Because there was the general understanding that while the central government has been spending substantial money on various infrastructural projects in the western parts of China, and in fact the western parts of China have been enjoying above average national growth rates in the past nine, 10 years or so.
 
And in the case of Tibet, the central government provided very huge subsidies on per capita terms to the Tibetans. The Tibetans in the urban areas, for example, enjoyed free medical care which was not available to ordinary people in other parts of China.
 
And so there was a certain surprise on the part of both the leaders and the people and of course this made them much aware that despite the Government's statistics on paper, nonetheless these ethnic groups still feel unhappy.
 
They do not believe on one hand that they have been able to fully benefit from the fruits of economic growth and at the same time they still feel that the traditional culture and religion are being threatened by the development process, especially by the arrival of large numbers of tourists.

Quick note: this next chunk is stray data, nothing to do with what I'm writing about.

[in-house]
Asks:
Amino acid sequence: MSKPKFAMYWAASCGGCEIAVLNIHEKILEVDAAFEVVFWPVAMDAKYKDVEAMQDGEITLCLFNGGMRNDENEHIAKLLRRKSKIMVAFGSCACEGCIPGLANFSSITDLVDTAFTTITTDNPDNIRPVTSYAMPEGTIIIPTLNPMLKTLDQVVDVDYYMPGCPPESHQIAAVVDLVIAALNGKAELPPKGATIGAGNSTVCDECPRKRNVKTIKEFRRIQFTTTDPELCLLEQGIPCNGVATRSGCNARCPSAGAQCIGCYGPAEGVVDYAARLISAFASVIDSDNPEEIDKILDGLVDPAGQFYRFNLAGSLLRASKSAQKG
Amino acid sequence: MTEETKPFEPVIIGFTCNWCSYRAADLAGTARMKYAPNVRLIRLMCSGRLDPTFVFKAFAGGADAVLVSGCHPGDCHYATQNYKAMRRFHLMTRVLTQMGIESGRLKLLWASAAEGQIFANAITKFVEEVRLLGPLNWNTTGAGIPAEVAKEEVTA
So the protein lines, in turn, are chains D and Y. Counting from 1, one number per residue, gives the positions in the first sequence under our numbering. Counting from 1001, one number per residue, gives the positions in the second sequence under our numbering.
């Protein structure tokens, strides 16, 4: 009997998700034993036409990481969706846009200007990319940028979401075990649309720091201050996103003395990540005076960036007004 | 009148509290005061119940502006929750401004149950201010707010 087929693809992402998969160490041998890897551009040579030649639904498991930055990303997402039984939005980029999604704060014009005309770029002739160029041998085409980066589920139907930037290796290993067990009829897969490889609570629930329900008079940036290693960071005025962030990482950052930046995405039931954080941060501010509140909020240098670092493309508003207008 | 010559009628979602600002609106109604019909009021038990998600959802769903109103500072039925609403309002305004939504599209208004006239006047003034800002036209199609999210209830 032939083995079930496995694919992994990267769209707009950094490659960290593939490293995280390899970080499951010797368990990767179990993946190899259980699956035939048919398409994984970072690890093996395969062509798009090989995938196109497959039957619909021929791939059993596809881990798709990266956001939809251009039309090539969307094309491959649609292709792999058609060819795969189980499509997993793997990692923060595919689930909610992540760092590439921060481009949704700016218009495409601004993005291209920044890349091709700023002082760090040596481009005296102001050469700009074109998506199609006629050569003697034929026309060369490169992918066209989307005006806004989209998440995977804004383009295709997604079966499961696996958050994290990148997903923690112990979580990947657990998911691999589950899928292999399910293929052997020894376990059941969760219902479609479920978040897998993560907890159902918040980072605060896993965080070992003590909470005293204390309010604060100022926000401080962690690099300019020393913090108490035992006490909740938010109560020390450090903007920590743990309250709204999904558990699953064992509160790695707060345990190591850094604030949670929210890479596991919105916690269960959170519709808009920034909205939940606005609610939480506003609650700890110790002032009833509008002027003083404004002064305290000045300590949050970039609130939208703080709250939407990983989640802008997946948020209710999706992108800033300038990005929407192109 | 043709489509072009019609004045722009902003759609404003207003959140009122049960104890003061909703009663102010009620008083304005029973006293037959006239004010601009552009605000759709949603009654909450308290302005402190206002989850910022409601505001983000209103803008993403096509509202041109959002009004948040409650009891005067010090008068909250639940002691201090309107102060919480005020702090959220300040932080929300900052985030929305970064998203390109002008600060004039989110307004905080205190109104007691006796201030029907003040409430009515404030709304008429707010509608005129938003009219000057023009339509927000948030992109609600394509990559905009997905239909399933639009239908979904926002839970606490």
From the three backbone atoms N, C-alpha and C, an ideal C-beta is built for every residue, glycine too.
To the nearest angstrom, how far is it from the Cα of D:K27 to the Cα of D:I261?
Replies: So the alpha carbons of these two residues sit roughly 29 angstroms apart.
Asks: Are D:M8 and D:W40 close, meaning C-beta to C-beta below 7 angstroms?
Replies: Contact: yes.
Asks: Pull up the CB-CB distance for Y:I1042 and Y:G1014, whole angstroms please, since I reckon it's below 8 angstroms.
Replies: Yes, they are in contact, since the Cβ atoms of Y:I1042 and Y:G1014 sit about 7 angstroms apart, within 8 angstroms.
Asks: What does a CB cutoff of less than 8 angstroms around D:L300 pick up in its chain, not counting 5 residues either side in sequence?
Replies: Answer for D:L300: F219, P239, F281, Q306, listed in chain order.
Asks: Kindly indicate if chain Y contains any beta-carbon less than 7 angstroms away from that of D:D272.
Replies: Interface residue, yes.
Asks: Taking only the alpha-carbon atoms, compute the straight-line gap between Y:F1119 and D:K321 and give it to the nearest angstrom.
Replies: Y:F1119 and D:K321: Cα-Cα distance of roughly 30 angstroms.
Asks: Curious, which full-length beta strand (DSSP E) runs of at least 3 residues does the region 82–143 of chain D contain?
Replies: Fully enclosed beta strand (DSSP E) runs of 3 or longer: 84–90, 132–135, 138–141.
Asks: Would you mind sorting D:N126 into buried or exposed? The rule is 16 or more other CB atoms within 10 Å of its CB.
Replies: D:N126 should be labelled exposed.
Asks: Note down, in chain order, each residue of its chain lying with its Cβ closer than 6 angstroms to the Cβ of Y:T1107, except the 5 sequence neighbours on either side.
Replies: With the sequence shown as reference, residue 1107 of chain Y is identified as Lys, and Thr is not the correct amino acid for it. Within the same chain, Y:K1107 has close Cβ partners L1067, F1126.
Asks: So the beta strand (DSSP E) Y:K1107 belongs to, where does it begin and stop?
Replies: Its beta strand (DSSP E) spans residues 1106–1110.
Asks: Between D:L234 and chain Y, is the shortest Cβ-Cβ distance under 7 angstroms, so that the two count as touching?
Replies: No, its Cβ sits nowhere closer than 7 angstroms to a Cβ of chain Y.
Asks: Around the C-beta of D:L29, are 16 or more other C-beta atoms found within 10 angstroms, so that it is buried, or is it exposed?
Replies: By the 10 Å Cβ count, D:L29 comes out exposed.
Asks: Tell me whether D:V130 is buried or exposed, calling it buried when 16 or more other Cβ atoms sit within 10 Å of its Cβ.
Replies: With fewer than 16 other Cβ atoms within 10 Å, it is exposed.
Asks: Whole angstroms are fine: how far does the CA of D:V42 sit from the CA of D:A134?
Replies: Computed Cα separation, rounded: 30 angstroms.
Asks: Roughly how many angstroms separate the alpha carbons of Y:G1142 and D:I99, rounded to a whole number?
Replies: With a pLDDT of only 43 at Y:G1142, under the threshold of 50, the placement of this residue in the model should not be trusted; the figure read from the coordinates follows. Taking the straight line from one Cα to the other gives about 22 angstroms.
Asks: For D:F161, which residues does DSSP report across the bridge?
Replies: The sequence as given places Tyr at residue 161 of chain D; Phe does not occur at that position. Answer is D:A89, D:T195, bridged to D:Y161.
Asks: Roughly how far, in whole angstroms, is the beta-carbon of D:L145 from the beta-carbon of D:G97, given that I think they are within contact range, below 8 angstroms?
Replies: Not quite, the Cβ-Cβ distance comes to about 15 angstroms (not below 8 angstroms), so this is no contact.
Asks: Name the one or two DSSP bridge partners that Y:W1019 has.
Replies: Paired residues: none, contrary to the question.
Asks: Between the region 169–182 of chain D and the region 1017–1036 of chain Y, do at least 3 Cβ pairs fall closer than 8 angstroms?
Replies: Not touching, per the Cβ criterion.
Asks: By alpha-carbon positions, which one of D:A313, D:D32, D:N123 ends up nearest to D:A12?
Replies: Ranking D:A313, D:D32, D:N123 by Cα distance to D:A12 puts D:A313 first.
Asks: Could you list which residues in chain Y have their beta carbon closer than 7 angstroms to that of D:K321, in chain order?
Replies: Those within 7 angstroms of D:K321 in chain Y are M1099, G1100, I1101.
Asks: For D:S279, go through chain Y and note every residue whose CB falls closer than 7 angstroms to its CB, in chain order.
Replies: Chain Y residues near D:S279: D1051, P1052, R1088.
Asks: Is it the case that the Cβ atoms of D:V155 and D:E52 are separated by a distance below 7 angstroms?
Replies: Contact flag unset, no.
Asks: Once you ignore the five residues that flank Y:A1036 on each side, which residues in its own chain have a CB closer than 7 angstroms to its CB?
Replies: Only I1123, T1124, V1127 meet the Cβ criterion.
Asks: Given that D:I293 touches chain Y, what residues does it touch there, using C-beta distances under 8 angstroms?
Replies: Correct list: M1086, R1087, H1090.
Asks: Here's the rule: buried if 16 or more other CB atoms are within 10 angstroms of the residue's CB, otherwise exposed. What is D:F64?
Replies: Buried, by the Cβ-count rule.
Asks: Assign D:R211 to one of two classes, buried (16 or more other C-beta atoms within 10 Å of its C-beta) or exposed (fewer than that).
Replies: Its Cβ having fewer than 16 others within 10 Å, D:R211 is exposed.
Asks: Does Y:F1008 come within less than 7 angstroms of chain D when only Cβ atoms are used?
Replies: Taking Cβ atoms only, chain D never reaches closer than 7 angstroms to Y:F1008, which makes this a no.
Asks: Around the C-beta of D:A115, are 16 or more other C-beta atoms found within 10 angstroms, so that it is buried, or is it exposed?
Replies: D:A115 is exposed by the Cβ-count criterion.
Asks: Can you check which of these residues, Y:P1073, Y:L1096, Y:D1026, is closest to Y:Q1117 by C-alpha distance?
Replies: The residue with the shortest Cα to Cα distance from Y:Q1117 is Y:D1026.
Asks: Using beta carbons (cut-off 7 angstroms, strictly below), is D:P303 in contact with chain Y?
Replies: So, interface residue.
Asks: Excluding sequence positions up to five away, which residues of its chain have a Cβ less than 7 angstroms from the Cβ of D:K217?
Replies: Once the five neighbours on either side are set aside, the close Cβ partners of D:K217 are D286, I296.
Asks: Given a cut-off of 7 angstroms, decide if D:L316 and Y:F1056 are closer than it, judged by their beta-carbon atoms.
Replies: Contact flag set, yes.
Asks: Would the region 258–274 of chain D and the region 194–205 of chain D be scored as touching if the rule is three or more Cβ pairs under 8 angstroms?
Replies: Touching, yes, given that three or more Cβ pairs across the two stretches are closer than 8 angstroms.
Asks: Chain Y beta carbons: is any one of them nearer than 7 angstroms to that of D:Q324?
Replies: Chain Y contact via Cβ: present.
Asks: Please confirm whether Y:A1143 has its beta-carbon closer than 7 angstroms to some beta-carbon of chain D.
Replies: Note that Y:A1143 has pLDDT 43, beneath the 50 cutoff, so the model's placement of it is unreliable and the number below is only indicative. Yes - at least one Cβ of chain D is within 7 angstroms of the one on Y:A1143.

STEPHEN MCDONELL: I asked Professor Cheng if he thought that anything might happen in the near future to ease the tension in Tibet.
 
JOSEPH CHENG: I believe the Chinese authorities will make certain responses but because the party still wants to remain in full control, the party still doesn't want to allow a genuinely higher degree of autonomy for the ethnic groups. So, I do not believe that the problem will be resolved fully.
 
DAVID KELLY: It's fair to say that it's not too different from the way the English handled the Scottish uprisings of the 18th century. And we can't see it in this case, the veil is drawn over much of what goes on but there's very little the Chinese Government would offer as a pretty picture of Tibet today.
 
STEPHEN MCDONELL: Do you think that the handling of it has really tarnished the image of China?
 
DAVID KELLY: Only if you had an extremely Pollyanna view of China to start with. China is an emerging country in an emerging economy and measured against that scale, it's probably not too bad. There are a lot more disastrous parts of the world, particularly in the Horn of Africa, sub-Sahara Africa. China stacks up okay.
 
This is an orderly country. This is a country which delivers a good deal of public goods to its citizens. But if you are one of the minority people, one of the five per cent who are not Han, it doesn't look so good. The same thing can be said of course about America, about Australia. These are countries which contain third world segments. But overall there's an enormous amount of social discontent in China which is widely distributed.